44. Concerned American says:

    And meanwhile Medicare Part B costs are increasing by 14% because the FDA approved a dodgy Alzheimer’s drug despite a number of experts stating that the drug has not been shown to make a meaningful difference to patients. Way to throw fuel on the inflation fire while lining the pockets of Biogen executives and stockholders. This country is going morally bankrupt. Shameful!

    • Petunia says:

      The entire medicare system is being adapted to eat up all your social security benefit. You better start voting with this in mind, before we all end up old and homeless.

  45. Winston says:

    This won’t help:

    No end in sight for chip shortage as supply chain problems pile up
    10/28/2021

    Earlier this year, the chip shortage seemed like it might ease sometime in 2022. Now, that forecast appears to have been optimistic. “The shortages are going to continue indefinitely,” Brandon Kulik, head of Deloitte’s semiconductor industry practice, told Ars. “Maybe that doesn’t mean 10 years, but certainly we’re not talking about quarters. We’re talking about years.” As with many thorny problems, the causes of the chip shortage are myriad, and none of them has a quick fix.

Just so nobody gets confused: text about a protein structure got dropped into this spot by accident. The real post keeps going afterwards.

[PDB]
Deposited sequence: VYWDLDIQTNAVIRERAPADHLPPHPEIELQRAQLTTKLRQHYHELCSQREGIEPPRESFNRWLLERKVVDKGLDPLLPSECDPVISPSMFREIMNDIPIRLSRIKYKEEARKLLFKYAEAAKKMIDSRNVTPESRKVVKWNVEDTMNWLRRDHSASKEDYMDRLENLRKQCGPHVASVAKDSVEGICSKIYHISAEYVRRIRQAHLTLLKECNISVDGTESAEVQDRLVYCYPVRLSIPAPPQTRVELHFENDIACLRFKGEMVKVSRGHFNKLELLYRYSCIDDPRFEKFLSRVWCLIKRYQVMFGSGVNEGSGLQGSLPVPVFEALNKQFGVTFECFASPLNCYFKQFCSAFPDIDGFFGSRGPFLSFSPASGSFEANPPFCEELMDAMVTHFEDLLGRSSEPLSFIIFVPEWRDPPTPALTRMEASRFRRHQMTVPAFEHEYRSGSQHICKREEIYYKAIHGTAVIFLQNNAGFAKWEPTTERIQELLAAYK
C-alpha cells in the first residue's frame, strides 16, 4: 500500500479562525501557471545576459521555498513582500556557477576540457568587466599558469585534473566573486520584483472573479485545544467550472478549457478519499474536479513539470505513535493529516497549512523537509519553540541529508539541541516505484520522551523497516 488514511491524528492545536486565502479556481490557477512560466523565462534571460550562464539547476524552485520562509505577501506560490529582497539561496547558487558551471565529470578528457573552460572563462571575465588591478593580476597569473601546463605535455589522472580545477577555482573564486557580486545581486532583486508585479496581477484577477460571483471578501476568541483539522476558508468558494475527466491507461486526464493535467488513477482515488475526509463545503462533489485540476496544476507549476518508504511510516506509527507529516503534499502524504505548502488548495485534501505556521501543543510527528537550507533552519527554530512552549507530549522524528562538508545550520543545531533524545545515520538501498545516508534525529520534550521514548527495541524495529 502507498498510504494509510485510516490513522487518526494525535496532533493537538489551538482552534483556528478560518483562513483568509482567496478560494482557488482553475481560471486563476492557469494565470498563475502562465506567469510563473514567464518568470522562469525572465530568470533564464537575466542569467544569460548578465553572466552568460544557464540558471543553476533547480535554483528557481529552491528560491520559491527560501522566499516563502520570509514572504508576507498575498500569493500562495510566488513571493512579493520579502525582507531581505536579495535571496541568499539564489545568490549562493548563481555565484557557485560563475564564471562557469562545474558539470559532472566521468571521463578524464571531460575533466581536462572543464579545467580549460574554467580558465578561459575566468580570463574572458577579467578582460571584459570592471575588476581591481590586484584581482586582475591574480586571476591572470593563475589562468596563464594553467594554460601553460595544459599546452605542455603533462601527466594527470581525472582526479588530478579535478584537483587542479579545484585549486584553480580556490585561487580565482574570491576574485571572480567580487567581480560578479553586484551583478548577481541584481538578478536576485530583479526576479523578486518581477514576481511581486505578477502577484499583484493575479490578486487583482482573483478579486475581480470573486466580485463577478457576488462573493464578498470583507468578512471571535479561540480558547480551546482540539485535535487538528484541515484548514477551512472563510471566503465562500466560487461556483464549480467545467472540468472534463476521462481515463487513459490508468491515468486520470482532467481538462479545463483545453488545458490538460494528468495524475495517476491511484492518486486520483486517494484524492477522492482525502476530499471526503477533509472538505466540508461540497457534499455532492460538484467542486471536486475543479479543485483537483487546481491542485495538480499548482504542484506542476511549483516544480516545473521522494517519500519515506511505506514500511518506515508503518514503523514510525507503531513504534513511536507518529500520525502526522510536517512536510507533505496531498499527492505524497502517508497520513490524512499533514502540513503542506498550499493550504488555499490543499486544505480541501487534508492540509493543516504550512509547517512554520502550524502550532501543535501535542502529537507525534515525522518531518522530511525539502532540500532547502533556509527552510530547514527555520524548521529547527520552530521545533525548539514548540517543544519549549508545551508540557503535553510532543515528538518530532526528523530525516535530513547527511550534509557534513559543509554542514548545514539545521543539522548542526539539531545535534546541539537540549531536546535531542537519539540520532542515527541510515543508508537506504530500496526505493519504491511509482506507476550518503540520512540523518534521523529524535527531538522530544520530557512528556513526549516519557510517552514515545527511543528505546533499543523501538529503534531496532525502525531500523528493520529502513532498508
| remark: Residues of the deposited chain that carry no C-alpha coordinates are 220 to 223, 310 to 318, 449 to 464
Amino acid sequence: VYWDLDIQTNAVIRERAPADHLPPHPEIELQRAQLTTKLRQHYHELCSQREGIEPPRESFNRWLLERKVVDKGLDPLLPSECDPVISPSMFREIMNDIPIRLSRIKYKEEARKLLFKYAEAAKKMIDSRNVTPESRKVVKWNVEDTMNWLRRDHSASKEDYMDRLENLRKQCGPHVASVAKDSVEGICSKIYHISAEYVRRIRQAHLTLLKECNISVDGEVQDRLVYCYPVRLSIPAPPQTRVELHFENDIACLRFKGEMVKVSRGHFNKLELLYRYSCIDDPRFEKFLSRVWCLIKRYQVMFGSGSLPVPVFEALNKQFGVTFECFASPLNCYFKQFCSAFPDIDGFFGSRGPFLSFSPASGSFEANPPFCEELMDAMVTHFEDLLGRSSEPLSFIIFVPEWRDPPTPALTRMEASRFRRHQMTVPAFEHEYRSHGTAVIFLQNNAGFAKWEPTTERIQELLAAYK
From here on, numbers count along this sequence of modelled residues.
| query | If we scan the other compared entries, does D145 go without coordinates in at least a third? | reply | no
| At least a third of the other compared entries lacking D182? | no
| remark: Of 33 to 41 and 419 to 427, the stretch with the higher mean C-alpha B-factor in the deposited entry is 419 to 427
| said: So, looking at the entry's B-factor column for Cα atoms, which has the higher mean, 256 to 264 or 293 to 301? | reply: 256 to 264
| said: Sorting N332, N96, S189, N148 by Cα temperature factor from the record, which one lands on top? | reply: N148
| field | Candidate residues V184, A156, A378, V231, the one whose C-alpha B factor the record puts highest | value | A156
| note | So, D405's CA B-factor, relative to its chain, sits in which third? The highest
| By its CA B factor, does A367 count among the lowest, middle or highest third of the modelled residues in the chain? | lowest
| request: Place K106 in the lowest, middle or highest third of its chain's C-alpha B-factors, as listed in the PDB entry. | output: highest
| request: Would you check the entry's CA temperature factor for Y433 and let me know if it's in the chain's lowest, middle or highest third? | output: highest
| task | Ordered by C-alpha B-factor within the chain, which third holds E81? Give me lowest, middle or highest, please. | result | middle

46. Michael Engel says:

    1) This Thanksgiving morning the German 3M sank to minus (-)1.033%.
    2) JP will save the world from inflation.
    3) In 2018 JP tried to save the world from negative rates, but the
    German 10Y didn’t care. US 10Y minus the German 10Y swap reached
    +2.84% in Oct 22 2018.
    4) The current German 3M waterfall drop might osc wildly for a while, while JP is tapering and raising rates.
    5) Currencies traders salivate. After a long period of tranquility, fx enter
    volatility .
    6) US 10Y minus the German 10Y might test the Oct 2018 peak,
    reaching between 2.7 and 3.3, before fx currencies will force JP to
    face reality.

  47. Michael Engel says:

    1) All those ships in Long Beach and all those ships that didn’t reach might
    deflate China.
    2) The Shanghai stock exchange peaked in Oct 2007, deflated worse than the Nasdaq, reached a lower high in June 2015, deflated moderately, thanks to extended printing, but that wouldn’t help China.
    3) The Shanghai stock exchange might be on the way to 800.